Bernhardt eager for offshore wind ‘that works’
Interior secretary meets with Baker, fishing interests
SECRETARY OF THE INTERIOR David Bernhardt flew into Boston on Tuesday where he defended putting Vineyard Wind, the nation’s first large-scale wind farm, on hold for more than a year and promised a key permitting decision on the project in December that will work for both wind developers and fishing interests.
Bernhardt, whose boss, President Trump, has shown little interest in offshore wind, said he is eager to launch the offshore wind industry. “I am very eager to do it, but I am eager to do it in a way that works,” he said. “Let me give you an example. In the West we do wind. You know where we don’t put a windmill? In the middle of a highway. You can drive all the roads in the west and you’re not going to drive into a windmill.”
His comment appeared to be a reference to concerns of fishing groups that wind turbines would block access to fishing grounds and hamper navigation.
“We don’t whack people with an unnecessary burden if we can avoid it and do things sustainably,” he said. “I need a development program that is done in a way that’s sustainable for everybody.”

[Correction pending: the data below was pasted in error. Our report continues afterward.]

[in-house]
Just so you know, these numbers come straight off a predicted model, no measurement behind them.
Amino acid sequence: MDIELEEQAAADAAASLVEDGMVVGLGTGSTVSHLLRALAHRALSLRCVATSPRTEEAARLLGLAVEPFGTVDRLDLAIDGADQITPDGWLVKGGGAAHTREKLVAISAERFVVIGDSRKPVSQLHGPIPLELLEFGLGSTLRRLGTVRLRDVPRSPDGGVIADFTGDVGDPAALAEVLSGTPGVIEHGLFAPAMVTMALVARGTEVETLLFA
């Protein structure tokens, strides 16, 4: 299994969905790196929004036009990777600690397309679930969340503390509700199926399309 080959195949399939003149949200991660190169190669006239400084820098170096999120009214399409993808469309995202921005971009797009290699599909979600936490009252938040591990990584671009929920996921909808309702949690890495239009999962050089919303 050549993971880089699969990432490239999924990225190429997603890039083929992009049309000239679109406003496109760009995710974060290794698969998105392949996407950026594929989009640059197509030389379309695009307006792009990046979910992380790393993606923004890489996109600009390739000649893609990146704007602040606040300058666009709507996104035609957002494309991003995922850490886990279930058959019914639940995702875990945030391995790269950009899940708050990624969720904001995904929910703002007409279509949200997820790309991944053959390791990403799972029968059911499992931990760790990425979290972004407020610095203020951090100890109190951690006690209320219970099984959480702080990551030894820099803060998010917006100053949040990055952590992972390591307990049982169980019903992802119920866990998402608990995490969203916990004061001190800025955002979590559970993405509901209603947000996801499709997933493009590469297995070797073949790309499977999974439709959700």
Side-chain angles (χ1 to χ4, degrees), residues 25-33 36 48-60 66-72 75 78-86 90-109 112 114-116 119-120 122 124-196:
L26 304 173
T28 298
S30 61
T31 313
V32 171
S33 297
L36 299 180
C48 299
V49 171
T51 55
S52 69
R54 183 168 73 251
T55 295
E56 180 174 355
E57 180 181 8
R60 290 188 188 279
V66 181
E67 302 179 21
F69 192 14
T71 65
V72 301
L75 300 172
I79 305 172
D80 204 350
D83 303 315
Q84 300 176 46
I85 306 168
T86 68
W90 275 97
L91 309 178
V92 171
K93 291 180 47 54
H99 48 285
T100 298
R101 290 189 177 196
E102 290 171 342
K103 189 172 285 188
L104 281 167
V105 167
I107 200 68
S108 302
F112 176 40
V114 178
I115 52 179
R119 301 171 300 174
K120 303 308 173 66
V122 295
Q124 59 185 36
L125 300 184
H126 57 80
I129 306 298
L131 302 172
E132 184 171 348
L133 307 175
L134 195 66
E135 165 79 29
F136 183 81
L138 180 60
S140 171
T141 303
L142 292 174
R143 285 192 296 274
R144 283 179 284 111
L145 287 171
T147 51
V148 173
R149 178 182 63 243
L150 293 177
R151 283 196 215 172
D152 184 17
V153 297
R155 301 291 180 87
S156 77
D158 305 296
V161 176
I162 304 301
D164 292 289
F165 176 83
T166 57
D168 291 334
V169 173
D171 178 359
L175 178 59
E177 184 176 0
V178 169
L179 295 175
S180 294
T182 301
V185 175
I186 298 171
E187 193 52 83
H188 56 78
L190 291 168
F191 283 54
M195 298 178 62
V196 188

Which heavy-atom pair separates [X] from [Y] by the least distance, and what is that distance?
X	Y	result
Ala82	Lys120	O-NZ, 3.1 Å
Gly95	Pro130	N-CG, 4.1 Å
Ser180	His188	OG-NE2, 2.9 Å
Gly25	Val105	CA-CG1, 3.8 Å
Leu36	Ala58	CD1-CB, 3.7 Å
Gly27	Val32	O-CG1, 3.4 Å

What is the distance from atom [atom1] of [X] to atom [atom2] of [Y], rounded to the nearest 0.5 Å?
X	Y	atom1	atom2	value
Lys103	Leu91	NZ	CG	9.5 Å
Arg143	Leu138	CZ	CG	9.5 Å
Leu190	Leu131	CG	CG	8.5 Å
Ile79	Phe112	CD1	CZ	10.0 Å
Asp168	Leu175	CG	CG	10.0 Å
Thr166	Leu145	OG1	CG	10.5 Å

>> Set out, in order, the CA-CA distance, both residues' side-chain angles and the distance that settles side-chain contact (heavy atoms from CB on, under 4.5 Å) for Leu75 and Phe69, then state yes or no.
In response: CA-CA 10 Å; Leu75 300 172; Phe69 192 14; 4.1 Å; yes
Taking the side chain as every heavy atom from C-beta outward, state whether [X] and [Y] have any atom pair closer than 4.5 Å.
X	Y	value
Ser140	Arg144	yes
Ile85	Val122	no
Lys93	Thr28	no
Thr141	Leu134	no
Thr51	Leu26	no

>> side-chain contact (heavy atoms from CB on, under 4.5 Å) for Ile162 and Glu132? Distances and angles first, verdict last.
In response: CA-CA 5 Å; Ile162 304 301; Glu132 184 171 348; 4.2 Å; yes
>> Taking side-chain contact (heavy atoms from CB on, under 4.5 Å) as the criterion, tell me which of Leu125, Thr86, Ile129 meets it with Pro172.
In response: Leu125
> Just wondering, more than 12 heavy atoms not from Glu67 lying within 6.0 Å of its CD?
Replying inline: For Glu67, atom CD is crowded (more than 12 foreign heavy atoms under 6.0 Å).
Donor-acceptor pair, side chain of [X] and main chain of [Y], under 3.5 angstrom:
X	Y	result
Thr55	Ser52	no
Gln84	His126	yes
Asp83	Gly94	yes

Bernhardt put his agency’s environmental review of Vineyard Wind on hold last August when he saw it was failing to take into account the many wind farm proposals in the works up and down the Atlantic coast. He also said the federal agencies under his jurisdiction with oversight of the project were bickering about the environmental impact of the wind farm located off of Martha’s Vineyard.
“If we can’t come to an agreement amongst the federal agencies, that doesn’t seem like a wise thing to do,” he said. “So I asked that we do a reset.”
The agency released a supplemental environmental impact statement in June that looked at the offshore wind industry more broadly and examined more alternatives for wind farm layouts. Bernhardt said the process doesn’t require the agency to pursue the path with the least environmental impact, but it does require an all-encompassing review. He said public comments on the agency’s latest review are due by Monday and the agency’s final decision is due in December.Joseph Gilbert, the owner of Empire Fisheries in Stonington, Connecticut, which operates scallop and squid vessels that operate from Virginia to Canada, said Bernhardt, in his talk with fishing groups, demonstrated a good understanding of the broad concerns of the fishing industry. But Gilbert said he has major concerns about the impact wind turbines will have on fish stocks off the coast, and doesn’t want to receive mitigation payments for lost revenue.
“We don’t want to be mitigated,” he said. “We want to continue our way of life.”